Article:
There is, however, a marked distinction between the death of Jesus and that of other men, and this distinctive feature is
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not in the mode of death, but in the degree of life possessed by him. “In him was life” (John 1:4); not a deathless life, which could not die, but life everlasting, so that he would not die, had he not laid down his life. All other men are in bondage to corruption, and have no life in them by nature, but he being a perfect and sinless man, was not liable to sin’s penalty—death; therefore, he could say, “I lay down my life, … no man taketh it from me, but I lay it down of myself; I have power (right) to lay it down.” (John 10:18). Previously the “Jews sought to take him to put him to death,” but “no man laid hands on him, for his hour was not yet come” that he should be put to death “the just for the unjust, that he might bring us to God.” 1 Pet. 3:18. He commenced the sacrifice of his life at baptism, but had it not been completed in death, as it was on the cross, when he cried, “It is finished,” all the rest would have been valueless, for “without shedding of blood is no remission,” And when he said, I lay down my life, he immediately added, “I have power to take it again.” Surely he could not have meant he had power (right) to take again the sacrifice of his life from baptism to the cross; this would be withdrawing his consecration to the will of the Father. Besides, how could he do this? Nor did he mean that he would take again the same condition of life—flesh and blood—to do this would be to undo the atoning sacrifice and take back our ransom price; but, thank God, he gave his life—parted with it forever on the human plane and was made alive on the spirit plane.
He was “put to death in the flesh.” (1 Pet. 3:18) not to pacify divine fury against sinners, nor to mend a broken law and make it honorable; it did not need this; but he vindicated the justice of the law and satisfied its claims upon us by giving himself as our substitute, flesh for flesh—his life for the life of the world. If, however, he had been of the divine nature as he now is, he could not have laid down his life, for “Christ being raised from the dead dieth no more; death hath no more dominion over him” (Rom. 6:9); and if he had been a spiritual being under cover of flesh he could not have given his life for man, because his real life would be spirit, and therefore it would not be as required an equivalent or substitute for man.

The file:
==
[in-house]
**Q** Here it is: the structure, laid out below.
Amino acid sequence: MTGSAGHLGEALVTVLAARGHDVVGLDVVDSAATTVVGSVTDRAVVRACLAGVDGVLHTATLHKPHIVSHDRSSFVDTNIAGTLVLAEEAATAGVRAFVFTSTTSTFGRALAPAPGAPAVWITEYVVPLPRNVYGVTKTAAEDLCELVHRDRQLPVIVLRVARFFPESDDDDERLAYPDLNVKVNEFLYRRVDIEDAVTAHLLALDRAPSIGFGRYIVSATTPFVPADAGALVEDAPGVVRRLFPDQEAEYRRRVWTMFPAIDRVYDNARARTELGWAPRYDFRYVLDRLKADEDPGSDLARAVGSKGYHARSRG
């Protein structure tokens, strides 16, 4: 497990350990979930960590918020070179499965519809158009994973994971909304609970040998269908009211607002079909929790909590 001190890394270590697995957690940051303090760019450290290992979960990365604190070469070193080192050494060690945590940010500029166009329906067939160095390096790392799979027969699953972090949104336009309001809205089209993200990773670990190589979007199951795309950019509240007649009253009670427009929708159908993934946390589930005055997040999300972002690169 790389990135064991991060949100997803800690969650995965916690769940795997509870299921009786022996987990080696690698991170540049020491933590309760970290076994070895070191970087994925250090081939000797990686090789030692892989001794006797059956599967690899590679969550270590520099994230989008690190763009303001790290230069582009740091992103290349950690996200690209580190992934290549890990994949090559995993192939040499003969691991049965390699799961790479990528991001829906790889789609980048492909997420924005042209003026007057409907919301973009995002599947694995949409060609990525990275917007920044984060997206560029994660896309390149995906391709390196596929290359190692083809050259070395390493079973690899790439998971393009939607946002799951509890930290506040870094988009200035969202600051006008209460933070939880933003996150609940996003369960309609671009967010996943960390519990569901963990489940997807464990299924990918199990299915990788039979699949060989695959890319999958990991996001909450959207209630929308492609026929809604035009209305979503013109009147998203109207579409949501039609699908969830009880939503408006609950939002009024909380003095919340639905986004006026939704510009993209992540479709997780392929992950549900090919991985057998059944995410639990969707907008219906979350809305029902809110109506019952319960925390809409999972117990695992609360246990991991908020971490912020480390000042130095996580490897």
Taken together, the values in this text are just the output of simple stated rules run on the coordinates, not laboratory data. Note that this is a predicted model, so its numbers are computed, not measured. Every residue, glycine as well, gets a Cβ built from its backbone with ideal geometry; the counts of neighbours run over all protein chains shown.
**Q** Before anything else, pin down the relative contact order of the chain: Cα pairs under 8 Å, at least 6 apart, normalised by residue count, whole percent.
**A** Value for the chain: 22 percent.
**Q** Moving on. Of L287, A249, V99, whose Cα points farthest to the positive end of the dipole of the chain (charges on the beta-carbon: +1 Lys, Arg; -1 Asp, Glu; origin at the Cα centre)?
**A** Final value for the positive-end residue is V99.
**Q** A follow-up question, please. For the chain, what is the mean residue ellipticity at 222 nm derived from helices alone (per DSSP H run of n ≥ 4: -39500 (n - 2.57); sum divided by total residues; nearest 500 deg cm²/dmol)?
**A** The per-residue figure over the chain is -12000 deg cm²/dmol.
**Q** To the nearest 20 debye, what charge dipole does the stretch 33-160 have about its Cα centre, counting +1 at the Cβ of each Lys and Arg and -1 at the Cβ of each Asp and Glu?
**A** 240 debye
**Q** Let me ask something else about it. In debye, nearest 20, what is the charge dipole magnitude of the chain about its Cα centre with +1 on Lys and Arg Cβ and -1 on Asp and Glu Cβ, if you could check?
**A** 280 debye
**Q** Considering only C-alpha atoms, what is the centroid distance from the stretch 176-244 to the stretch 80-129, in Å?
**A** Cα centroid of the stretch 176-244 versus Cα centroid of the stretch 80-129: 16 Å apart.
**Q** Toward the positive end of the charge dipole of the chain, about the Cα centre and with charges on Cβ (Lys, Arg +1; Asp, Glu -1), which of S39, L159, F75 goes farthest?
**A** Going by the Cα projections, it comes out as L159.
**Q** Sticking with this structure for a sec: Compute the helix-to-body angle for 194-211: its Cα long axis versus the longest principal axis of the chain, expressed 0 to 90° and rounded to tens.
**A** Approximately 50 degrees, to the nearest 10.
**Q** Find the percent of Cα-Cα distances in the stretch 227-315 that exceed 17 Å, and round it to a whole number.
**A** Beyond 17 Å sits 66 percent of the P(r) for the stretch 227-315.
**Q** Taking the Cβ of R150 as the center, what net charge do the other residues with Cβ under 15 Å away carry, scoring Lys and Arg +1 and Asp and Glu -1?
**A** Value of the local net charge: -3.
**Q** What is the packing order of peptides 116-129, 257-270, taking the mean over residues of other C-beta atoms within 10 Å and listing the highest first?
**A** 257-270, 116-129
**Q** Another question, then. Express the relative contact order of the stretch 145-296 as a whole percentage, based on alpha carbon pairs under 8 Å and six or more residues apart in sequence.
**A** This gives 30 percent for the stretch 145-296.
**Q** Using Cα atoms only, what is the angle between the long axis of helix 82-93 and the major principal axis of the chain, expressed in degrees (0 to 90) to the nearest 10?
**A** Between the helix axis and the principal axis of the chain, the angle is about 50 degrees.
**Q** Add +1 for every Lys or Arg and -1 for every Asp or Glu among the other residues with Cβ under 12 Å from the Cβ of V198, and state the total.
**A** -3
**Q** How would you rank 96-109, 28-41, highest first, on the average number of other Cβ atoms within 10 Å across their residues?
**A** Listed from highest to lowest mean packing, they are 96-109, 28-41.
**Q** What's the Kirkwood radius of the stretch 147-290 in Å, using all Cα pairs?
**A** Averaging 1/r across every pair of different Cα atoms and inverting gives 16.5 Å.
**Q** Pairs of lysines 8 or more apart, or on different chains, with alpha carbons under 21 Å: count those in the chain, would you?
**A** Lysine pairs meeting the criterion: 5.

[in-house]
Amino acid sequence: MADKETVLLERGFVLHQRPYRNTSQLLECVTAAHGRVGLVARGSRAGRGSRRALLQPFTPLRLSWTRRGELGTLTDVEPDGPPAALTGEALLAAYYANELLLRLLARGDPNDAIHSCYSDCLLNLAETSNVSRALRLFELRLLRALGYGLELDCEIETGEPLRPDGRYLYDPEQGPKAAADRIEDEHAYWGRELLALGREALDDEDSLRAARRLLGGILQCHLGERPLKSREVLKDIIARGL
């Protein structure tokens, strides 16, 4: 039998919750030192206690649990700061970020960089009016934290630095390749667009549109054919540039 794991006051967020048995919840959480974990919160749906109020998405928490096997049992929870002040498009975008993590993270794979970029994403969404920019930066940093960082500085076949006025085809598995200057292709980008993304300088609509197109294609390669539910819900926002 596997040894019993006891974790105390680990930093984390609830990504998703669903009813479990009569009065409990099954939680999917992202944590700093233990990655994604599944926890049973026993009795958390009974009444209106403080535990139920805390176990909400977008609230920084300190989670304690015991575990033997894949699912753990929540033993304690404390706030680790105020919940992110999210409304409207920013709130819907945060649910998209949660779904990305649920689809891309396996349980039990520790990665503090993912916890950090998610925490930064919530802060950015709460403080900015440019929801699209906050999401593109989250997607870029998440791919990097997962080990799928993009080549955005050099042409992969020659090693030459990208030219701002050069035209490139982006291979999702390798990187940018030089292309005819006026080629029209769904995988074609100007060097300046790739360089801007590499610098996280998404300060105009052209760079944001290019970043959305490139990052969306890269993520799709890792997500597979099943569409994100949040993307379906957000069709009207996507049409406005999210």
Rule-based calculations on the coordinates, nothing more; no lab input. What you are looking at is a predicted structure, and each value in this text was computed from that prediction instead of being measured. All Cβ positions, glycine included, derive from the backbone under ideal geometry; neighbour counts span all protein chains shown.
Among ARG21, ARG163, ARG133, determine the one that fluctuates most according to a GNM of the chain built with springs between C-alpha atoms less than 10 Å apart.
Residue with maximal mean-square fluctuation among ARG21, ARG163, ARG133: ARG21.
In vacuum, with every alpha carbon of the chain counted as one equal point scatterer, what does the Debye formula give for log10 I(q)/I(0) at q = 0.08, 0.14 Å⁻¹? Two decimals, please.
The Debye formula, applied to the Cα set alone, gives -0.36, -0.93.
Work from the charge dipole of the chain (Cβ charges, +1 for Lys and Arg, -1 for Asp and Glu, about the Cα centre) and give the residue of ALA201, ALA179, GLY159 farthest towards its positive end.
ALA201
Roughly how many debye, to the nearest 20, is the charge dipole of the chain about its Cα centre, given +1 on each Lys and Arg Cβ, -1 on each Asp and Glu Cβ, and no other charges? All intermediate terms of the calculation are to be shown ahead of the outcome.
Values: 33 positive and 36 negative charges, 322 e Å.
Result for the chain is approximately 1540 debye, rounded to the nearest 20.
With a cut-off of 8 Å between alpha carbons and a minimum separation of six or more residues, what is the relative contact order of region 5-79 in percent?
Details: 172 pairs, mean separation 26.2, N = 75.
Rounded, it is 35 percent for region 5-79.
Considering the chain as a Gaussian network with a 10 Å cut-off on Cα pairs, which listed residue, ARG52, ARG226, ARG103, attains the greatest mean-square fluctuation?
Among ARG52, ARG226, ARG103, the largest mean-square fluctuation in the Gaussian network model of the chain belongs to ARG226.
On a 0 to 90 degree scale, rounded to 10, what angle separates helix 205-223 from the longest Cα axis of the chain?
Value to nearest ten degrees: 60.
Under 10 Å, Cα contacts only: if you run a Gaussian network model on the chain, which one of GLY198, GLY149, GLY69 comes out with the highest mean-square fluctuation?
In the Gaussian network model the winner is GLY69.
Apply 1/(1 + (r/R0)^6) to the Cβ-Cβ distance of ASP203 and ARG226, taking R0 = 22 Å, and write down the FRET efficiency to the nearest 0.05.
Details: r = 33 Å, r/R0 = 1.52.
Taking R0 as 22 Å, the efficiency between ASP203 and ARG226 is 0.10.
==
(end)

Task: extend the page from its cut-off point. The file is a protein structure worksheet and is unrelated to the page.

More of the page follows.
That he did exist, a spiritual being with the Father, and that all things were made by (through) him, and without him was not anything made that was made (John 1:3) is evident, but he left—gave up the glory he had with the Father and “was made (became) flesh.” (John 1:14.) Why should it be any more incredible that Jesus’ nature was transformed from the spiritual to the human without retaining his former nature under cover than that the Church “shall … put on immortality” (1 Cor. 15:54) and yet not retain the flesh and blood nature? for “flesh and blood cannot inherit the kingdom of God.” (1 Cor. 15:50.)
Then, while we were yet “enemies, we were reconciled to God by the death of his son.” (Rom. 5:10.) Reconciliation for the sins of the whole world was made (Heb. 2:17) for “he died for all,” but all have not yet accepted the reconciliation through faith that they may be “saved by his life.” “In due time,” soon, we trust, the redemption and consequent reconciliation “shall be testified to all”—all shall “come to the knowledge of the truth” and to appreciate the precious redemption: and when they do, may we not reasonably infer that nearly all will accept the glad tidings and come into harmony with God? We have good ground to hope that the majority will be “saved by his life,” as all were “reconciled by his death.”
S. O. BLUNDEN.
— October, 1884 —